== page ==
The Victorian Labor government wants to hand over part of Federation Square to the corporate giant Apple. The community resistance is building.

World

What is happening in Syria? More than half a million people have died since the war in Syria began in 2011. Five million Syrians have sought refuge abroad and more than 6 million have been internally displaced.

Tens of thousands of Brazilian women took to the streets on September 29 to protest against the misogynist politics of Jair Bolsonaro, a far-right candidate in Brazil’s October 7 presidential race.

In 2009, 20 years after the negotiated end to a brutal civil war, the left-wing Farabundo Marti National Liberation Front (FMLN), former guerrillas turned political party, finally won the presidency of El Salvador. But, writes David Grosser, with the second FMLN administration nearing its end, a third term after next year’s presidential vote is very much in doubt.

United States President Donald Trump and the Republican Party are trying to ram through a coup, writes Barry Sheppard. Running roughshod over multiple allegations of sexual assault and insulting the women involved, they seek to solidify a far-right majority of five out of nine members on the Supreme Court for the next several decades.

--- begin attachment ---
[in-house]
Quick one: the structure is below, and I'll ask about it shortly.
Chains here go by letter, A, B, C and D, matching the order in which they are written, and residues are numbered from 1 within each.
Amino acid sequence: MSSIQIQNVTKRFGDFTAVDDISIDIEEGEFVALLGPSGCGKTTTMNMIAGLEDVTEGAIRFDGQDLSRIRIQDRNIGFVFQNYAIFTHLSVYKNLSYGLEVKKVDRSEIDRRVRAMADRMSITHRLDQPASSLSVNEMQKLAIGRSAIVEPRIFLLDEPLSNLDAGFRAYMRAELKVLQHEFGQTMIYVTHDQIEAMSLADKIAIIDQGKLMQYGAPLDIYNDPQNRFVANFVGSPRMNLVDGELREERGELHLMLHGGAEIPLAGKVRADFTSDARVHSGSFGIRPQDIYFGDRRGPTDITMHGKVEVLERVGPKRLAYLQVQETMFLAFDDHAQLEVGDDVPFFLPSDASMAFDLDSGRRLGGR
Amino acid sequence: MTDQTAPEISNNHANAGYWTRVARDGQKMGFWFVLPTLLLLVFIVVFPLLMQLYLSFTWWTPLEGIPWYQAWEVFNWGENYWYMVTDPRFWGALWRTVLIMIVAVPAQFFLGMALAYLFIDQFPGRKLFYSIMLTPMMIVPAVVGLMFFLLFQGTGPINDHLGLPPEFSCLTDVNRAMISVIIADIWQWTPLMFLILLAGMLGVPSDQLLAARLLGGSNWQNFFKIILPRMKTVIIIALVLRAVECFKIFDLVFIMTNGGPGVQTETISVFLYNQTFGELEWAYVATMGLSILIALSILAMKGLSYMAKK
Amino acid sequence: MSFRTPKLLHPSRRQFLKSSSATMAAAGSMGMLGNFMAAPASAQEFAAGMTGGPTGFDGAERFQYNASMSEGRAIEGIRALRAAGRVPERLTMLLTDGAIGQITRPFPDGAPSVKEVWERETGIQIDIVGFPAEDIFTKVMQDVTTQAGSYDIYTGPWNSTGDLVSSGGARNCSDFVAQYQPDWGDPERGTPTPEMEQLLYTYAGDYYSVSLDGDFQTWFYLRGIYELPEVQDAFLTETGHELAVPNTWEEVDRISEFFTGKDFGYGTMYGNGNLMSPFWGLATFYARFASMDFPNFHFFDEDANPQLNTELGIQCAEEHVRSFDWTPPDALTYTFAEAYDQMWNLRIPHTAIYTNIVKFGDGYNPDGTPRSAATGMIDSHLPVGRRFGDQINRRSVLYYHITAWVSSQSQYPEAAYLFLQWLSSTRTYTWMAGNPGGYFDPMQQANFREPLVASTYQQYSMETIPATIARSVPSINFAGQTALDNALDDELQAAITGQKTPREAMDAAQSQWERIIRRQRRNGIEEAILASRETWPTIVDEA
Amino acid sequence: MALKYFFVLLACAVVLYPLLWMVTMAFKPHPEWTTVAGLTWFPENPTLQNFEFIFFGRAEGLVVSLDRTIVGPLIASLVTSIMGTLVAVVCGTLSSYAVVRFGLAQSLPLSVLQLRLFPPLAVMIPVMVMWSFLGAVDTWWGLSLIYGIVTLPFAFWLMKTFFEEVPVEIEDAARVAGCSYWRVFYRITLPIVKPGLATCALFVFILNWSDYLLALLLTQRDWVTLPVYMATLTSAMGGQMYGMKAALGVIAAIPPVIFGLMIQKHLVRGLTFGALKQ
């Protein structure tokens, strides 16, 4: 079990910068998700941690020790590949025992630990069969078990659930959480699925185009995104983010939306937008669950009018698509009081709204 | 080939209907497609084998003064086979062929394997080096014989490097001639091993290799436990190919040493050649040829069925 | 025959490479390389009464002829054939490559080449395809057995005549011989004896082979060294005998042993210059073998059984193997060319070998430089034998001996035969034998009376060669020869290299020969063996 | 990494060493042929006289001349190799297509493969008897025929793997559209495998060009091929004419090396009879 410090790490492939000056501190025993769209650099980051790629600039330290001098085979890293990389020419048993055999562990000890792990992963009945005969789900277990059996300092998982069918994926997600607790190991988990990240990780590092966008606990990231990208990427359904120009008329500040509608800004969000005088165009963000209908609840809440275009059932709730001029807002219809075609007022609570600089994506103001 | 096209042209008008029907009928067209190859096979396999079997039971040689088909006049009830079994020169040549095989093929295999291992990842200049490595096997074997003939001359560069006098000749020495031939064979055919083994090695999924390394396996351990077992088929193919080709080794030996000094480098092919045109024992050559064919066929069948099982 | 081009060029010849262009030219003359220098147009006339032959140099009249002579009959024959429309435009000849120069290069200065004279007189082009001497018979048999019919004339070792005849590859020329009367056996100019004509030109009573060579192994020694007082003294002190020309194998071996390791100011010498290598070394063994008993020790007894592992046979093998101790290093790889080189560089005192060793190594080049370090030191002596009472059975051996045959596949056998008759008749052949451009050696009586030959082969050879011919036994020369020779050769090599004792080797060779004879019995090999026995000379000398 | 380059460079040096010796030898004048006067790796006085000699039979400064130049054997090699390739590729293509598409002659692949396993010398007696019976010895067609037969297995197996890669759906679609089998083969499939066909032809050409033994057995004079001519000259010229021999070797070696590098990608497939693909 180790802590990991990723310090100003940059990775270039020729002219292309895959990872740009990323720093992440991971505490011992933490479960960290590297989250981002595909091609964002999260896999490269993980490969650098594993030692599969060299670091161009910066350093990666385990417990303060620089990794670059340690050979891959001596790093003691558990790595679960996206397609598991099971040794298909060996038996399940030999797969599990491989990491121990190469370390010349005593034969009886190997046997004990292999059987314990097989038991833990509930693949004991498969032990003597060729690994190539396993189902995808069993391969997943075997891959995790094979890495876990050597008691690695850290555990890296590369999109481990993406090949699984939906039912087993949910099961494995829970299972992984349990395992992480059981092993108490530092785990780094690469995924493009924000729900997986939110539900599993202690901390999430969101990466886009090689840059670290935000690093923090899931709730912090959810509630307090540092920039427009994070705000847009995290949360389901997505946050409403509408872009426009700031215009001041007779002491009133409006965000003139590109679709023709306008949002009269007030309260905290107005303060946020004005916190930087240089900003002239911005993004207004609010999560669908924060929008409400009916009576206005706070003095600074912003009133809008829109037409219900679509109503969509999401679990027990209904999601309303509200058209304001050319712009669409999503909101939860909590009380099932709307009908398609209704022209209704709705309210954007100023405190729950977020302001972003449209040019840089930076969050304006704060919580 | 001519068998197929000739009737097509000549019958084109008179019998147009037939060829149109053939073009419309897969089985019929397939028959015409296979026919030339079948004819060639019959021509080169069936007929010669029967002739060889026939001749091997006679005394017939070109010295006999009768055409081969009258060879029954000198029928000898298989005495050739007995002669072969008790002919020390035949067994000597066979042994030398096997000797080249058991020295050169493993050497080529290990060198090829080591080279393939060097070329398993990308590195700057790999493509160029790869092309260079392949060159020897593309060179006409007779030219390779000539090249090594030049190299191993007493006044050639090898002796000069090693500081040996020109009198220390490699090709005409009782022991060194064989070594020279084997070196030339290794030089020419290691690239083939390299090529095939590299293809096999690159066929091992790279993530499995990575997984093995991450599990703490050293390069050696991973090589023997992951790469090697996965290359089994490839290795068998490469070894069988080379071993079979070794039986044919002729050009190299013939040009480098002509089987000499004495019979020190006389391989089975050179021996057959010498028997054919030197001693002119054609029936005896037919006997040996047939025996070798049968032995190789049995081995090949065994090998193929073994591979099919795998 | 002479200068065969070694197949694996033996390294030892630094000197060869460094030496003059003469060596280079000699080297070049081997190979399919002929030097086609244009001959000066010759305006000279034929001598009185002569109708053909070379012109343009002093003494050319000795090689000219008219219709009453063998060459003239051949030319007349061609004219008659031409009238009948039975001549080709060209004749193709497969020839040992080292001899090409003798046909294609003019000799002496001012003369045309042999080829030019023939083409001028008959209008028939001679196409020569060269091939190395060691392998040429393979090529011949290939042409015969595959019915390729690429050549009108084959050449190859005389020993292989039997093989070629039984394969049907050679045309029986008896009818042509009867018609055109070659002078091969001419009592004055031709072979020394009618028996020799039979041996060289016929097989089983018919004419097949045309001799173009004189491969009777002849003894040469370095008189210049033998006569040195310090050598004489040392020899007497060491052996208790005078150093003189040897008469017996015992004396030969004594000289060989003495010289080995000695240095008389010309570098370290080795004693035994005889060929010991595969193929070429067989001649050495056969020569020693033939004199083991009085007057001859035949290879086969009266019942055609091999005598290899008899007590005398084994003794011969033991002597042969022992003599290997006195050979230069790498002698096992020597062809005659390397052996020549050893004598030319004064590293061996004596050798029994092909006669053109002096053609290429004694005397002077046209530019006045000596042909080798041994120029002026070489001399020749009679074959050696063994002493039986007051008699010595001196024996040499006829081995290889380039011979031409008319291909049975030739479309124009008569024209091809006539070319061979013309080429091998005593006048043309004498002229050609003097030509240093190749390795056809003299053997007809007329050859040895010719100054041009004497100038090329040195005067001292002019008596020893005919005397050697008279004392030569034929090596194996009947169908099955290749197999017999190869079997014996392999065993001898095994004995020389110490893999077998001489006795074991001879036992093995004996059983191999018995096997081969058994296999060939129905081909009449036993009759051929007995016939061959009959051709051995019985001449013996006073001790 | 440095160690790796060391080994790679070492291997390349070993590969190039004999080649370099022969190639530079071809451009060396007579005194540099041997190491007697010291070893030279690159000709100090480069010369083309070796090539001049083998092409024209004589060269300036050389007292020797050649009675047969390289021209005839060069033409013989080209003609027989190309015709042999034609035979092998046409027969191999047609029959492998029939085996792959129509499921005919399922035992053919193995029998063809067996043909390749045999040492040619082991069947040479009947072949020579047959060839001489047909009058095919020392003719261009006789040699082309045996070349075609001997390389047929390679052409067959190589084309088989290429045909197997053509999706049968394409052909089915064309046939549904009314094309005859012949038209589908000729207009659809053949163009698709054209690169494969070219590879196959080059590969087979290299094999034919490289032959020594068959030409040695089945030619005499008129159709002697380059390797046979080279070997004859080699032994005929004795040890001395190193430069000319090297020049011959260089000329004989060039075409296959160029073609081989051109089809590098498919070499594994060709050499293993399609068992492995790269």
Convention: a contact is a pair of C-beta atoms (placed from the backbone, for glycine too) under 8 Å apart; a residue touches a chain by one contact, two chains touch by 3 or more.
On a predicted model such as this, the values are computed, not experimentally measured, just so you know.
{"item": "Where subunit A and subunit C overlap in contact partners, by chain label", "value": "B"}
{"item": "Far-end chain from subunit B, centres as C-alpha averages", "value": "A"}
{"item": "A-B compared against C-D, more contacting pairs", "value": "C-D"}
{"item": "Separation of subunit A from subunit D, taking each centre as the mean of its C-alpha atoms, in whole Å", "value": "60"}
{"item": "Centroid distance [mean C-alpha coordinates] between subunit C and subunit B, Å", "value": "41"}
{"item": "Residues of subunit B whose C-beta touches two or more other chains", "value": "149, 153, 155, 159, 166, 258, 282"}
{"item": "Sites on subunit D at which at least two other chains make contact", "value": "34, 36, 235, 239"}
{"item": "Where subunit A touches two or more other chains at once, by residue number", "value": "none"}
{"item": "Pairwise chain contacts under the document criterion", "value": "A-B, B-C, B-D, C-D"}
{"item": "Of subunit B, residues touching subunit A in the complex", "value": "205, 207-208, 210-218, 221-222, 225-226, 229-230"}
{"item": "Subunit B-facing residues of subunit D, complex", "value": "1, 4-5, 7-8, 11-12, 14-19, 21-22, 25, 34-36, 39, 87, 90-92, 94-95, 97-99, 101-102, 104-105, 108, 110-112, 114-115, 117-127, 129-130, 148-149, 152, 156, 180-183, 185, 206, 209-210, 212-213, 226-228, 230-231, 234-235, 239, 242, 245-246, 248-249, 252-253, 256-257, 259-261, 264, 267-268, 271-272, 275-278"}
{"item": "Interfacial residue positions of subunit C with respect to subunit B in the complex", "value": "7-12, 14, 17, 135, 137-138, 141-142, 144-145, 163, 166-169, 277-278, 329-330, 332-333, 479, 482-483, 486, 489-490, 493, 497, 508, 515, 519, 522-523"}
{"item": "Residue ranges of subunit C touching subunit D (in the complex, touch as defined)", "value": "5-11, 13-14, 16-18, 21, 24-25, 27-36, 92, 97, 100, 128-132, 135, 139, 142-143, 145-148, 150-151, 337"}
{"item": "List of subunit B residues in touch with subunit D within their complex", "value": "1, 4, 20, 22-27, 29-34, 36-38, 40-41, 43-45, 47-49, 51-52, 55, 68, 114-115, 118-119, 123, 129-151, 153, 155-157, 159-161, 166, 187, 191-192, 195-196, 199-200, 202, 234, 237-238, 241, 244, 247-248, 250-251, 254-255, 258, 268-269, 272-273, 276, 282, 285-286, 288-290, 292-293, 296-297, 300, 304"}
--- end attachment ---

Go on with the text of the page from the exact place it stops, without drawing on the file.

The struggle to defend a 200-hectare forest has sparked Germany’s biggest environmental protests for at least a decade.

The Hambacher Forest (aka “Hambi”) is the last remaining corner of a much larger area of woodland that has been eaten up by a huge open-cut lignite mine, owned by European energy giant RWE.

Lignite is the dirtiest form of coal in terms of pollution. The lignite-fired power stations around the mine form the biggest sources of airborne pollution in the European Union.

McDonald’s workers in 10 cities across the United States walked off the job on September 18 to demand an end to sexual harassment in the workplace, writes Ann Coleman.

A march of almost 200,000 people in Barcelona on October 1 marked the first anniversary of Catalonia’s independence referendum.

Pro-independence Catalans commemorated the first anniversary of the banned vote, which had to defy heavy repression as the Spanish state sought to stop it taking place. Despite a brutal crackdown by the Spanish police that left 900 people injured, most who voted backed independence.

The British Labour Party took a radical, anti-austerity manifesto to last year’s general elections and, despite polls and media commentators expecting an unprecedented disaster, came close to winning, denying the ruling Conservatives a majority. Despite this success, attempts to attack and sabotage Labour’s socialist leader Jeremy Corbyn, and the ranks that support his vision, have continued. Michael Calderbank takes a look at what took place and what it means for the party’s future.